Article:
This is my 53rd book for the New Authors Reading Challenge 2012.

Revenge (6:1 Series, Volume 2) by Janel Gradowski

Revenge (6:1 Series, Volume 2) by Janel Gradowski is even more well crafted than the first volume of short stories and flash fiction, beginning and ending with a wallop.  Once again there are six stories in this collection: “Persistent Foe,” “Kaboom,” “Check Out,” “Inconvenience,” “Anniversary,” and “Addendum.”  Some are longer than others, but each is well paced, with only one typical revenge story — “Kaboom.”

Agnes from “Persistent Foe” is the neighbor you wish you could be when you have loud, inconsiderate neighbors of your own.  While she does not complain too much outright and doesn’t call the cops, she exacts her revenge little by little each day envisioning a big payoff in the end.  And the ending of this one is inspired and unique. Gradowski does a great job of foreshadowing in this short story as well: “She plucked the invasive vine out the basket and dropped it into the tangle of weeds flourishing on the other side.  ‘Time to join your ancestors.'”  Readers will be sitting alongside Agnes as she watches the show unfold in her neighbors backyard one late evening.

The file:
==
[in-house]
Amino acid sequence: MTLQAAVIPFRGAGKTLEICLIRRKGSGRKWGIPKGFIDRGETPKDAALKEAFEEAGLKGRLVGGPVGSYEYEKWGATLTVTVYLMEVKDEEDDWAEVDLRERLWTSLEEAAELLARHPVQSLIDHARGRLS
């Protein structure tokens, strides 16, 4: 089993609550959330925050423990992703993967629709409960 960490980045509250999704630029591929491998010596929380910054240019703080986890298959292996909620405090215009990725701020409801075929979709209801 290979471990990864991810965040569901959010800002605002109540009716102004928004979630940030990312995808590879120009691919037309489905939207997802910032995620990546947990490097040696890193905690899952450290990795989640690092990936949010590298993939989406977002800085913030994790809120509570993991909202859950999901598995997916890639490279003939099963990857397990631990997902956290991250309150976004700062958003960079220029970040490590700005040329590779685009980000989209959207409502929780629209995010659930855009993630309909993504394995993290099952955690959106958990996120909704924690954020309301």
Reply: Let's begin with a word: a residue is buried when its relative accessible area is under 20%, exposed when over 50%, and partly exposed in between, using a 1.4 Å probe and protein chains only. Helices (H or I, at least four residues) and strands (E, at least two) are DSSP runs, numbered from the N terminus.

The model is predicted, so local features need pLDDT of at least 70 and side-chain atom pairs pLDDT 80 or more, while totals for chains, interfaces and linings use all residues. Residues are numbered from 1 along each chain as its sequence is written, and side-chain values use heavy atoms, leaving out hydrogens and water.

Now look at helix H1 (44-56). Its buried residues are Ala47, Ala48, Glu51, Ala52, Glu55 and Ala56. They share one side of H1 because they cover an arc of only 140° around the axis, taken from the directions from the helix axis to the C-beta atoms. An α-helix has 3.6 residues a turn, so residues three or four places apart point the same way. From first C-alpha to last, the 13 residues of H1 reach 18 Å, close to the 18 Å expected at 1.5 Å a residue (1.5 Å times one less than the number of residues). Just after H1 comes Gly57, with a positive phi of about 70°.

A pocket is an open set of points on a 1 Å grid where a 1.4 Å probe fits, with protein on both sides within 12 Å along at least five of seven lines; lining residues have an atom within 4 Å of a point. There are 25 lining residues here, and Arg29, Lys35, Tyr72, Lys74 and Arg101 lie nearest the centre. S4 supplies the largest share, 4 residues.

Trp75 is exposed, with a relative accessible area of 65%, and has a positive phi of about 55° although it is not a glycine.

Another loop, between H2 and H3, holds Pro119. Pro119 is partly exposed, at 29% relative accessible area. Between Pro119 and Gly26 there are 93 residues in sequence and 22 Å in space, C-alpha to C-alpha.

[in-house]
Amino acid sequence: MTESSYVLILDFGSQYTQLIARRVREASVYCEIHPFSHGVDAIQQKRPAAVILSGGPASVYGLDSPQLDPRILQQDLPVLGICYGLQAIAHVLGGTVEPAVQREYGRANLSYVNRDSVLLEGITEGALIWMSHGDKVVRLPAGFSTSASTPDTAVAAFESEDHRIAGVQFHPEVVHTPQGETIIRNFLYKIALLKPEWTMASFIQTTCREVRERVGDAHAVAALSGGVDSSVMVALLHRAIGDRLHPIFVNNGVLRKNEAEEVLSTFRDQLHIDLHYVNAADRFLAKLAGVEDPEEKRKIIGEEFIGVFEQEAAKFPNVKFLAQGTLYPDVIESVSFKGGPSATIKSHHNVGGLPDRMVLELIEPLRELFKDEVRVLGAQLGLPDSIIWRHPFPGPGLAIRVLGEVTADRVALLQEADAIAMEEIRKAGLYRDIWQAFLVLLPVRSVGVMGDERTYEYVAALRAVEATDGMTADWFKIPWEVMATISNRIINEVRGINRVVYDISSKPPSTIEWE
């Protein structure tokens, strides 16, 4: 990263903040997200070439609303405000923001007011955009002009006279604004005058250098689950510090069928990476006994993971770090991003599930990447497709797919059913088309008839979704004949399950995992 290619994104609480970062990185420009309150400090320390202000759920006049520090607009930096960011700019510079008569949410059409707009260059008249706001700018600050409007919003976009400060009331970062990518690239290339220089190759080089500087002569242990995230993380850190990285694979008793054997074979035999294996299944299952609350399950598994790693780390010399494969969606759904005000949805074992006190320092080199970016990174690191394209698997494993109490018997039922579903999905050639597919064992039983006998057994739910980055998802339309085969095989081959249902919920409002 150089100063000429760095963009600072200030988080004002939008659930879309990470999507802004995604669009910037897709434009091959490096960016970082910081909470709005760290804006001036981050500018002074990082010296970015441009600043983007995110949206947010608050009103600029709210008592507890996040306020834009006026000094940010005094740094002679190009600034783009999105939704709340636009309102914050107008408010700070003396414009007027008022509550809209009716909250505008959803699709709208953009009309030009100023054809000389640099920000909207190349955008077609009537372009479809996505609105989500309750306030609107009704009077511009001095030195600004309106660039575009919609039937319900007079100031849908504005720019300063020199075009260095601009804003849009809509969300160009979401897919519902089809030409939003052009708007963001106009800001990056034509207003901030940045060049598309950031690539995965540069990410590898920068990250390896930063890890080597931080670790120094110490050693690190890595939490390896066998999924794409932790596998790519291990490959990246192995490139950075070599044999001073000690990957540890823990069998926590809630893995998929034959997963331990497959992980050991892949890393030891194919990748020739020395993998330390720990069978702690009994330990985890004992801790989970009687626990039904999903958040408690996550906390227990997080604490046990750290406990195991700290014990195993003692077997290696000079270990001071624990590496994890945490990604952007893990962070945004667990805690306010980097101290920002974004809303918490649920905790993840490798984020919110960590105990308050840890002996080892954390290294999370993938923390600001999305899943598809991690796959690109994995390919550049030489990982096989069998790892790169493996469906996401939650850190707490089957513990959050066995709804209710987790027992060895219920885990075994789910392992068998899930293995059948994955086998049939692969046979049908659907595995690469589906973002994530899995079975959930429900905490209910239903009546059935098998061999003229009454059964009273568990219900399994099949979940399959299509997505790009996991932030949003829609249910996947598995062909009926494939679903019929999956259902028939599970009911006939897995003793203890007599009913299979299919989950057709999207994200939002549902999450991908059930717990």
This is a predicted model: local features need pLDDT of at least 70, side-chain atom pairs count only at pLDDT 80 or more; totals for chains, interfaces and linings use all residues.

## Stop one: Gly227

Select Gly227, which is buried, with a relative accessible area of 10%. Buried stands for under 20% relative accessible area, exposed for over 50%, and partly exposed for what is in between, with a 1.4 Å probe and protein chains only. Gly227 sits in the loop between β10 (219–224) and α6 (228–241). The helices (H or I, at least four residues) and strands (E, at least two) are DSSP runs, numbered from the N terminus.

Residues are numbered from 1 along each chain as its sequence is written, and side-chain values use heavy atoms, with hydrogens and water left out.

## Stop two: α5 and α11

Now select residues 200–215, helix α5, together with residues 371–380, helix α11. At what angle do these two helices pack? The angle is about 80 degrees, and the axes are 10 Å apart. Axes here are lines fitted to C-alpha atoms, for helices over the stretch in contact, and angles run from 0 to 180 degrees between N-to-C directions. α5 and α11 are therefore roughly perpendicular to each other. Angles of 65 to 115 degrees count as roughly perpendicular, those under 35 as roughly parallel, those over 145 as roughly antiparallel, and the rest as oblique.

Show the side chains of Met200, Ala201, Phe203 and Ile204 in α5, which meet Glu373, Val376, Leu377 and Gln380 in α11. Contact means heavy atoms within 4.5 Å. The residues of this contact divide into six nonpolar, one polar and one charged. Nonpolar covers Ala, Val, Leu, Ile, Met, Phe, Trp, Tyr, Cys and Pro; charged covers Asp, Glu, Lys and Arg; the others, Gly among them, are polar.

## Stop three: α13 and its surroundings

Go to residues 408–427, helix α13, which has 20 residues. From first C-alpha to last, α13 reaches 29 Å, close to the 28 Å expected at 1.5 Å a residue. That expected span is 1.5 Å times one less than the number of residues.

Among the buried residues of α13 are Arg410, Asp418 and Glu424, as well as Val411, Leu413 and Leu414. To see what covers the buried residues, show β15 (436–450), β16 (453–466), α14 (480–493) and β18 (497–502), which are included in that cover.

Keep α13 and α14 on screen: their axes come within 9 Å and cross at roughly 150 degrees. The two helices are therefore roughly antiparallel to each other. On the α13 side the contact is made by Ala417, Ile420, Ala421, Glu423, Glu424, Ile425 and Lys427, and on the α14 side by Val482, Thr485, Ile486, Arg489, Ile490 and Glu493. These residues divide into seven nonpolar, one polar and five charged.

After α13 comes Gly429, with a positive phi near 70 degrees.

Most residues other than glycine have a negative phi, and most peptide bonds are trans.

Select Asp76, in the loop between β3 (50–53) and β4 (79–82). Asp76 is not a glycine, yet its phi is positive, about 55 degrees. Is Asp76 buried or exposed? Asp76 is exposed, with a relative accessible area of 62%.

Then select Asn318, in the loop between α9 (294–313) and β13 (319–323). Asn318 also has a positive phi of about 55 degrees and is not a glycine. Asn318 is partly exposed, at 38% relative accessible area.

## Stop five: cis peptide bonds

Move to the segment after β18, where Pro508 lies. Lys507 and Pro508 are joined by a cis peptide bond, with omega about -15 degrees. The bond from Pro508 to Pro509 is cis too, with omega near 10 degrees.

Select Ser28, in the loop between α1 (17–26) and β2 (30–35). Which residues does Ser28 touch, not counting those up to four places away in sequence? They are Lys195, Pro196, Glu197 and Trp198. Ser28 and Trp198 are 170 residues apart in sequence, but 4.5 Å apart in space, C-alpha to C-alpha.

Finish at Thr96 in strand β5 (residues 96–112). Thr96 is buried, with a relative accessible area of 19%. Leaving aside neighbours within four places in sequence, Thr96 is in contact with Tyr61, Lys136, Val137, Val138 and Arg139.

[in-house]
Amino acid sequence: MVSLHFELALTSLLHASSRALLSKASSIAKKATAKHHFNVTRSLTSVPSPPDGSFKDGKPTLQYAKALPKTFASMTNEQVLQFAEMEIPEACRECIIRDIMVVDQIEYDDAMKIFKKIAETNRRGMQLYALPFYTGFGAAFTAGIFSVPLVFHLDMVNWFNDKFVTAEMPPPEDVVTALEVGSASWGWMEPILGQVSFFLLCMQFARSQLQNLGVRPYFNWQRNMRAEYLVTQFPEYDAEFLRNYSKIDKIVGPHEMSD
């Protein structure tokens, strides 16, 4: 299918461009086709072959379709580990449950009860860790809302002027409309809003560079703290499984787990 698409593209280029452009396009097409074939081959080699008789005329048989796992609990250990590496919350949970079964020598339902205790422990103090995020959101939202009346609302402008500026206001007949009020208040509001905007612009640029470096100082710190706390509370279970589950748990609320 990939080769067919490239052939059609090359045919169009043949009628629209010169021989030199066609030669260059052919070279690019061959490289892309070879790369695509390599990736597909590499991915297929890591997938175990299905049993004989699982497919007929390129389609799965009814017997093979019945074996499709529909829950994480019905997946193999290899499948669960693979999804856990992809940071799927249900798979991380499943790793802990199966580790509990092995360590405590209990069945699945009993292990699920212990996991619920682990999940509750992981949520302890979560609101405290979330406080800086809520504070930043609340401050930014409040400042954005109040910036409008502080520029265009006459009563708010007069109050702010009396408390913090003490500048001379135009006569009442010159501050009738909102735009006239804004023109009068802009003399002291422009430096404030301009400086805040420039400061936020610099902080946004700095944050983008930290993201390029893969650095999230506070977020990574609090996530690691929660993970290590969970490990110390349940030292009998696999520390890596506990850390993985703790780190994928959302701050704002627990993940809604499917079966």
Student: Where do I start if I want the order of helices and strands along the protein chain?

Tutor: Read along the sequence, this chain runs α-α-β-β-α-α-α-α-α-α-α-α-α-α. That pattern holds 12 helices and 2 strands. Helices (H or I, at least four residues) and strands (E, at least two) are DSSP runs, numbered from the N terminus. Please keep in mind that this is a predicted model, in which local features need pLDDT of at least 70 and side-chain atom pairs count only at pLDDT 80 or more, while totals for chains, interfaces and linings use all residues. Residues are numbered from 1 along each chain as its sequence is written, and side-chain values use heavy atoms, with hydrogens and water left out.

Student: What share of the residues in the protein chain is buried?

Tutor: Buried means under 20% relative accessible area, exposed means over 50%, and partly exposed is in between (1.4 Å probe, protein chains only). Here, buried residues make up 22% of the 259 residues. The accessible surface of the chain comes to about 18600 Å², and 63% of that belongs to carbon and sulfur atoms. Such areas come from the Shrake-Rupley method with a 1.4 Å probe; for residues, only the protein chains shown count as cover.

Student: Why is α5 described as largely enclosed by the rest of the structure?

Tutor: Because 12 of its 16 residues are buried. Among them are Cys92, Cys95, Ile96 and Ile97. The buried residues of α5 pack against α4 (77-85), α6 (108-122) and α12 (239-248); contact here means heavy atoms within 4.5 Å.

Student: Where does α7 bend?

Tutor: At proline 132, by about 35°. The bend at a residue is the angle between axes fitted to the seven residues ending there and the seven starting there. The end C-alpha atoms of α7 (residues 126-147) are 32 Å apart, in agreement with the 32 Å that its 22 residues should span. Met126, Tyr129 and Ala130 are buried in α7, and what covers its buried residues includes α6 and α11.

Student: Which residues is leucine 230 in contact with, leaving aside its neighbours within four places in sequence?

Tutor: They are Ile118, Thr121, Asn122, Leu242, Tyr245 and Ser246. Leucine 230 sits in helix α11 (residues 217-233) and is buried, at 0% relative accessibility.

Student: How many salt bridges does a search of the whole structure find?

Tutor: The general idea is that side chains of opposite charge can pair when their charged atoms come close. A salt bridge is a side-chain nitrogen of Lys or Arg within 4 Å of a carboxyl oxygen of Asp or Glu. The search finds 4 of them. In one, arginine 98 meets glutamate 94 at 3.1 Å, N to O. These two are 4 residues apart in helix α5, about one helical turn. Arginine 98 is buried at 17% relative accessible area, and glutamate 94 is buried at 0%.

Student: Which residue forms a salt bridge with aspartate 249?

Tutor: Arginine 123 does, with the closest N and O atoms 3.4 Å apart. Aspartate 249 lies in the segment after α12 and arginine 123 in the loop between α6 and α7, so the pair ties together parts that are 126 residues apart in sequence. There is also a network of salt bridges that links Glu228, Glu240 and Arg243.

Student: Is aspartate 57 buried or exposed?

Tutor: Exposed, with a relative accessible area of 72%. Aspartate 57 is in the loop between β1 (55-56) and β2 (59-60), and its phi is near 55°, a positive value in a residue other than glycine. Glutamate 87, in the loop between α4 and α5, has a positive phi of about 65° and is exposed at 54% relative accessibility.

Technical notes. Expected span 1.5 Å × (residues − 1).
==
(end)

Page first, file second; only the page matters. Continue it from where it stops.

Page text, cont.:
“Kaboom” was the most predictable of the stories, but what made this one heart-pumping was the descriptions Gradowski uses as she tells the revenge yarn from the point of view of the perpetrator as she’s performing the act of revenge on her ex.  Meanwhile, Josie’s revenge is only possible because of Erik’s pride in “Check Out.”  Working as a grocery store check out clerk can be incredibly mundane and tiring, but there are moments in life when even that kind of job can be satisfying, especially when you exact revenge on a boy who ditches you across town.  “Inconvenience” brings to the surface many of the emotions that swirled about following the financial crisis and the persistent unemployment born by much of the U.S. population in recent years.  With bills to pay, should the “breadwinner” in the family swallow his pride and take any paying job to support the family, or should he hold out for a better position?  The short story tackles this question and more, but the revenge exacted in this story will leave readers agape.